Poker Stars Stud/Razz Consultant Adam Roberts' Blog
Poker tournaments have certainly come a long way since a handful of players showed up in the late ‘60s to compete in the fledgling WSOP. Play has increased exponentially since I popped onto the scene in the early ‘90s. Today, not only has the WSOP added many more events, but there are comparable tournaments in various other casinos around the world and online.
The television boom we have witnessed this decade has also helped promote poker tournaments. But there was poker on TV before this decade. As a teenager, I remember watching the Wide World of Sports, a show which had a penchant for televising odd events, which poker certainly was considered at that time. I remember watching a poker show because Gabe Kaplan was playing, and Welcome Back, Kotter was one of my favorite adolescent TV shows
My own tournament experiences have been positive. In only 25 or so events which I entered between 1992-2002, I made six final tables, placing 1st, 2nd, 2nd, 4th, 7th and 8th, all in Stud High and Stud Hi/Lo events. I have also had some smaller cashes in other live and online events.
What I remember most vividly about those WSOP finishes was that after each one, reporters came over to me and asked me “what I did” to place so high. Although I really wanted to give them some “pearls of wisdom,” I could not. That’s because I did not believe I did anything in particular, strategywise, other than play good, solid poker. I think those reporters were disappointed because they truly expected me to give them some hidden secret.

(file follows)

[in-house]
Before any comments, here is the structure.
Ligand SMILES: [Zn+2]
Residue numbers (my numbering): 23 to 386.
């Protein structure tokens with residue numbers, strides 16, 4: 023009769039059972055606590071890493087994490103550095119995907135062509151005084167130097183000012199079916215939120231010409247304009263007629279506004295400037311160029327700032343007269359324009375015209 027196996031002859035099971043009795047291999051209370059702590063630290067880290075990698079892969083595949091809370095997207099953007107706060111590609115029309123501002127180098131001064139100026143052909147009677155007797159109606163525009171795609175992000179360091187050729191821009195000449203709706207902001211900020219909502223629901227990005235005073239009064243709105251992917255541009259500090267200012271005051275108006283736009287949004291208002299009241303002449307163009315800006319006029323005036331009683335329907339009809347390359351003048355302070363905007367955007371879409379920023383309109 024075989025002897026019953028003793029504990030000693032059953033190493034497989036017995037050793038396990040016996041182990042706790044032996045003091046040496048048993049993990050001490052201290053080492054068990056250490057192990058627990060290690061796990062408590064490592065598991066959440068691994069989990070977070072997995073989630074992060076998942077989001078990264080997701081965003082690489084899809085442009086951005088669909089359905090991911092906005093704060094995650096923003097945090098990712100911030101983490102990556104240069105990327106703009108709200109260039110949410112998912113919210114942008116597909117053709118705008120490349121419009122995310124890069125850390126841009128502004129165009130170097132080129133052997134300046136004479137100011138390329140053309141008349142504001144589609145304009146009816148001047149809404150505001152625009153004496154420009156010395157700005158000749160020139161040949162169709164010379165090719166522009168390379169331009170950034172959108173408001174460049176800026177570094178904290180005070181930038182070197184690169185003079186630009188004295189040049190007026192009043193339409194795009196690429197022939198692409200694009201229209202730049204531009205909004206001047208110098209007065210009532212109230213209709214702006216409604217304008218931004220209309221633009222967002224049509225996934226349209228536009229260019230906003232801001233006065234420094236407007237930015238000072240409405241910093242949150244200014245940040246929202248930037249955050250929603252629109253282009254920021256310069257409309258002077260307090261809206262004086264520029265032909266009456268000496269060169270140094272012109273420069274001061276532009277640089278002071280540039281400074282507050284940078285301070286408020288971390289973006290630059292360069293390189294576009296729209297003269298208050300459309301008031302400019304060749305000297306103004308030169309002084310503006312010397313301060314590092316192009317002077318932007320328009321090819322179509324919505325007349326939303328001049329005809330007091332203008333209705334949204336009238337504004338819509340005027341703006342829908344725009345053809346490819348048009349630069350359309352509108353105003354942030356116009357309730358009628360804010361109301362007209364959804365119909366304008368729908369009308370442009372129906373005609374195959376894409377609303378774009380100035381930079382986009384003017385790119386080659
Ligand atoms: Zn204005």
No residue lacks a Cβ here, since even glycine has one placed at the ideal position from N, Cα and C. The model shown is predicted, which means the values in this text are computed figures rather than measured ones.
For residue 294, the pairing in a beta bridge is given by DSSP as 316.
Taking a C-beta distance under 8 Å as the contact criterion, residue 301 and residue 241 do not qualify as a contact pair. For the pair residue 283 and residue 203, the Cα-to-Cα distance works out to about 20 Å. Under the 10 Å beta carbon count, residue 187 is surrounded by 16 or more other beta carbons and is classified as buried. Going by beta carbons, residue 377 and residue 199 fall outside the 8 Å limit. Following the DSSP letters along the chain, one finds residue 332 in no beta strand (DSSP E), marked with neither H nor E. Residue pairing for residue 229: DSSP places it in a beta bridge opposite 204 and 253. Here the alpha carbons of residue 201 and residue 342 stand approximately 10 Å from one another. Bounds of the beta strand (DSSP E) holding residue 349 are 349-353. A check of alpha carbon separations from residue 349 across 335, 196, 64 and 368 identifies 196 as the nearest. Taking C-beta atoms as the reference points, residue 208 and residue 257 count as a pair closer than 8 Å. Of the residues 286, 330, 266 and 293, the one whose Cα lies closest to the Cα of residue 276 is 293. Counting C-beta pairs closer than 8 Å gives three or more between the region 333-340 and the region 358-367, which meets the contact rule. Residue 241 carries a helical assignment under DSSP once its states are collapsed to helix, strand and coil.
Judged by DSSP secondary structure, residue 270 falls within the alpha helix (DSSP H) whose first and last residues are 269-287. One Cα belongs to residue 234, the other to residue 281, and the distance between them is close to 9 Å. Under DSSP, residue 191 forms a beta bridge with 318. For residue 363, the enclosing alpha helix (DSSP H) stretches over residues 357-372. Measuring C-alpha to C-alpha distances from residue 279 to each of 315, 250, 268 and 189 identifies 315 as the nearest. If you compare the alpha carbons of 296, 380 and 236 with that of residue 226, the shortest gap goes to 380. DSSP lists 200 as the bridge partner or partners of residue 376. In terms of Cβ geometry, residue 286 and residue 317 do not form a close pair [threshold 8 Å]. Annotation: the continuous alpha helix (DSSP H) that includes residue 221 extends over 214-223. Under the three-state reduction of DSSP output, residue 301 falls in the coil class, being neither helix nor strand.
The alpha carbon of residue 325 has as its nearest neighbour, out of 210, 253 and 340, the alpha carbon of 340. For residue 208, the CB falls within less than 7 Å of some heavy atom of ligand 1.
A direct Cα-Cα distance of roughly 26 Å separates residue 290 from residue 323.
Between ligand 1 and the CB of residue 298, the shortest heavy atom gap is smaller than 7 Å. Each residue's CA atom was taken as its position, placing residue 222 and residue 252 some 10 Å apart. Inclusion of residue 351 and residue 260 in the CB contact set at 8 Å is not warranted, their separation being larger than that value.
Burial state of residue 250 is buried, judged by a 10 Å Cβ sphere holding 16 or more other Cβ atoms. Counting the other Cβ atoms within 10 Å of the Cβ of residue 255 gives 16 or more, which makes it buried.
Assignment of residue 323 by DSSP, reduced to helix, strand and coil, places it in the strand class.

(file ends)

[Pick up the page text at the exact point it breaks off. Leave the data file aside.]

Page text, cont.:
There aren’t very many successful cash game and tournament players, even at the higher limits. So that is why these scribes were hoping to find out “my secrets.” There are many players who will tell you that they apply different strategies in cash games (whether high or lower limits) than in tournaments. Personally, I do not. The only time I may vary my play, and err on the tighter side, is when I am “on the bubble” which means I am one spot away, or very close to, cashing.
On the flip side, I was never one who just “looked to cash.” Yes, there is a sense of accomplishment when you have competed for many hours with very little break time, and now will be getting your money back plus a profit, small as that may be. Many players are very happy with that, and, there were times when I was as well, especially when I was short stacked on the bubble. It is a “mental victory” to cash, regardless of the buy-in and circumstances, so I do not want to discount that.
But the reality is that unless you are playing in a huge buy-in tournament, an event which has a large number of entries, or a rebuy event (which may have less entries but a high prize pool because of the re-buys), the big money is in the first three or so places. That is your primary goal in tournaments – to reach the big money.
These days, there are some tournaments which pay more spots, which make the prize payouts a bit more equitable for everybody. Personally, I have always favored paying less spots, but having more “bling” for the players who last.